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Tips in Sharpening Lopping Shears and Hedge Shears


As a matter of fact, both hedge shears and lopping shears work like scissors, using blades beveled on one side to slice through whatever they cut. However, unlike scissors, lopping shears usually have a curved blade and a curved hook to meet it, rather than two straight blades. The curve prevents a branch from slipping away as you slice down, but it also presents a unique challenge when sharpening.  Functional Solar Light with two straight blades look more like oversize scissors, but they may have a serrated edge on the blades, unlike scissors. This article, we will teach you how to sharpen lopping shears and hedge shears.

Firstly, the hedge shears.

Clamp one blade horizontally in a vise with the sharp side up. Examine the edge to see whether it's serrated or straight. Then, rub a small round pencil-shaped file or sharpening stone along the edge if the blade is serrated. Hold the file or stone so it contacts the blade at the angle of the bevel. Let it follow the serrations, rising and falling as you stroke it along the edge. If the blade is straight, use a broader flat sharpening stone or file. Hold it at the angle of the bevel and stroke it along the full length of the blade.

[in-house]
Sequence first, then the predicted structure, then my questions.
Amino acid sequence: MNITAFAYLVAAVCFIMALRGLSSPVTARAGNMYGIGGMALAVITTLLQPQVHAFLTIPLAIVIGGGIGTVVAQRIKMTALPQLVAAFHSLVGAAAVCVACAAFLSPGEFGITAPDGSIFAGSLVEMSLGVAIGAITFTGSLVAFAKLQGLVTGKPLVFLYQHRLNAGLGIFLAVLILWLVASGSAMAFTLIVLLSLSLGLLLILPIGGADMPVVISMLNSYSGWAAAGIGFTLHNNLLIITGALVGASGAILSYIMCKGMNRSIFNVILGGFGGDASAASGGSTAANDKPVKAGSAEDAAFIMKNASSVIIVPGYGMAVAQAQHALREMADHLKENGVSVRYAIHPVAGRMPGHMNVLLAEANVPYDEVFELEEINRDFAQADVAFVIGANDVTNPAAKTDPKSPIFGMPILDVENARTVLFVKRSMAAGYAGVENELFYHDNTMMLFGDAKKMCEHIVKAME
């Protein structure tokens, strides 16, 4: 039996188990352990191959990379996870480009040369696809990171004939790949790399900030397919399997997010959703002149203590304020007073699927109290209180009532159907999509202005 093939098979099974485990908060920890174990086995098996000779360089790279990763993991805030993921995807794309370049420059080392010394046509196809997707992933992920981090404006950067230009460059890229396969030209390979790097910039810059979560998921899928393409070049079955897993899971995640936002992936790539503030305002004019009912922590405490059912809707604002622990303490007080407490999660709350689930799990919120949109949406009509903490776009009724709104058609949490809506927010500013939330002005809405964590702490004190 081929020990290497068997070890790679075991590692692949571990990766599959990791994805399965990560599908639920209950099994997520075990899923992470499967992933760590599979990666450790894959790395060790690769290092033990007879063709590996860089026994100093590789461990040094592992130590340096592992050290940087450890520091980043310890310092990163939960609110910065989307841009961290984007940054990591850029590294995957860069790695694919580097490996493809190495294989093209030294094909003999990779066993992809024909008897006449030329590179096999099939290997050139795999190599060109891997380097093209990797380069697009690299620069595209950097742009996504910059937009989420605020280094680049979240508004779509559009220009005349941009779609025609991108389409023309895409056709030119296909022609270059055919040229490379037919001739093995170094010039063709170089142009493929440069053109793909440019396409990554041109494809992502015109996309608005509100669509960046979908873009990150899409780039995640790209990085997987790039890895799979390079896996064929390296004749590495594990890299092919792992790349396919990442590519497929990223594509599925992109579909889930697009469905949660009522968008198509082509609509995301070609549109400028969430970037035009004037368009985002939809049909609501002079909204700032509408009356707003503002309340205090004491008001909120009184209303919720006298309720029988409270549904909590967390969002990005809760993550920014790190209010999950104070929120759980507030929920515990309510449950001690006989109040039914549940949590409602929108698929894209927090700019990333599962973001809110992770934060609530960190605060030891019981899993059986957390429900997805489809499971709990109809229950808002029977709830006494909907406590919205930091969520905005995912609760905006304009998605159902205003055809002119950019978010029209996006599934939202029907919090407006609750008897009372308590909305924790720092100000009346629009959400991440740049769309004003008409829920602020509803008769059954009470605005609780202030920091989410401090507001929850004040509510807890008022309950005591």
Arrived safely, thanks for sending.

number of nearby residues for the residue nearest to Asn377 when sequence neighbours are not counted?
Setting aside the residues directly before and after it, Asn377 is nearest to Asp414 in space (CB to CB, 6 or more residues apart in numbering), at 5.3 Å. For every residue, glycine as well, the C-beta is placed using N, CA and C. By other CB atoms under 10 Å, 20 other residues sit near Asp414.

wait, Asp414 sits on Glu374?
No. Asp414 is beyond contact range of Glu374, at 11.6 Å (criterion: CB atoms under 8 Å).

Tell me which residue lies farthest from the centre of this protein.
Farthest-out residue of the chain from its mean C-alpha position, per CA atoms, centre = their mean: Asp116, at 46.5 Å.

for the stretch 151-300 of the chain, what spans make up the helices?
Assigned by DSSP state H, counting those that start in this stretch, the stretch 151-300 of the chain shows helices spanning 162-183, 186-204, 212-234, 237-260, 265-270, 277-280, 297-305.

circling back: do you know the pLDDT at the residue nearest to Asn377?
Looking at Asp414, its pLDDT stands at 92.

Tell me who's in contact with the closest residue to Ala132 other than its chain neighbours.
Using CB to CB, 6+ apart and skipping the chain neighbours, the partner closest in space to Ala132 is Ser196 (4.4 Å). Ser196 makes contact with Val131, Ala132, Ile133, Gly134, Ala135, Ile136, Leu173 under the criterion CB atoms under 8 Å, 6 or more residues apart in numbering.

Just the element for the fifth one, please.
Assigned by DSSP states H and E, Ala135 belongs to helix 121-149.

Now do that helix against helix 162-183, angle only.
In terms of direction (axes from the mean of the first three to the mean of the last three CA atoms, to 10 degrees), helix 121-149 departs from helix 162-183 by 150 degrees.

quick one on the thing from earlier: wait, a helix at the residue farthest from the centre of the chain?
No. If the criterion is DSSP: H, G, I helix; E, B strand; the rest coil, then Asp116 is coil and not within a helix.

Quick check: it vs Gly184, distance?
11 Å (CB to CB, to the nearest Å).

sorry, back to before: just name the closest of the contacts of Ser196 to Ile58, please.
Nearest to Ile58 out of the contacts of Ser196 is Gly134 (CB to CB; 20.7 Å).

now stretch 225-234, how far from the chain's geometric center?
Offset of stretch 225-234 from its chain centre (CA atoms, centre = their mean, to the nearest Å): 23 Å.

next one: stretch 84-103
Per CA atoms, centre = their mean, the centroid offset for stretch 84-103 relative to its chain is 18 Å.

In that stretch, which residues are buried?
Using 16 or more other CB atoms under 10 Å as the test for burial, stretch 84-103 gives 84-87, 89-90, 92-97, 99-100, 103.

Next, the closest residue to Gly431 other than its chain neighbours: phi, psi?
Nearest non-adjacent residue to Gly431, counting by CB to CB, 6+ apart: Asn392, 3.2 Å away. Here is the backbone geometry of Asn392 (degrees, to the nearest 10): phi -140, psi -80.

Next, unclamp the blade from the vise and clamp the other one. Sharpen it the same way. After sharpened both blades, examine them to see if a small burr or wire edge sticks up on the flat side. If it does, rub a flat stone or file once or twice lightly along the flat side to remove the burr, keeping the file or stone flat against the surface. But don't add any bevel to the flat side.

Then, the lopping shears.

Open the shears and lay them on a work table with the curved blade hanging over the edge and its beveled side up. You only need to sharpen the bevel-edged blade, but not the C-shaped hook that it slices against.

Hold a small triangular file or a narrow flat stone against the beveled edge at an angle so its flat side touches the bevel. Stroke along the edge several times, following the curve of the blade.

And finally, rub the flat side of the blade with the stone or file only if you notice a small burr or wire edge extending over it, after you sharpen the beveled side. Keep the file or stone flat against the flat side and be careful not to add any bevel while removing the burr.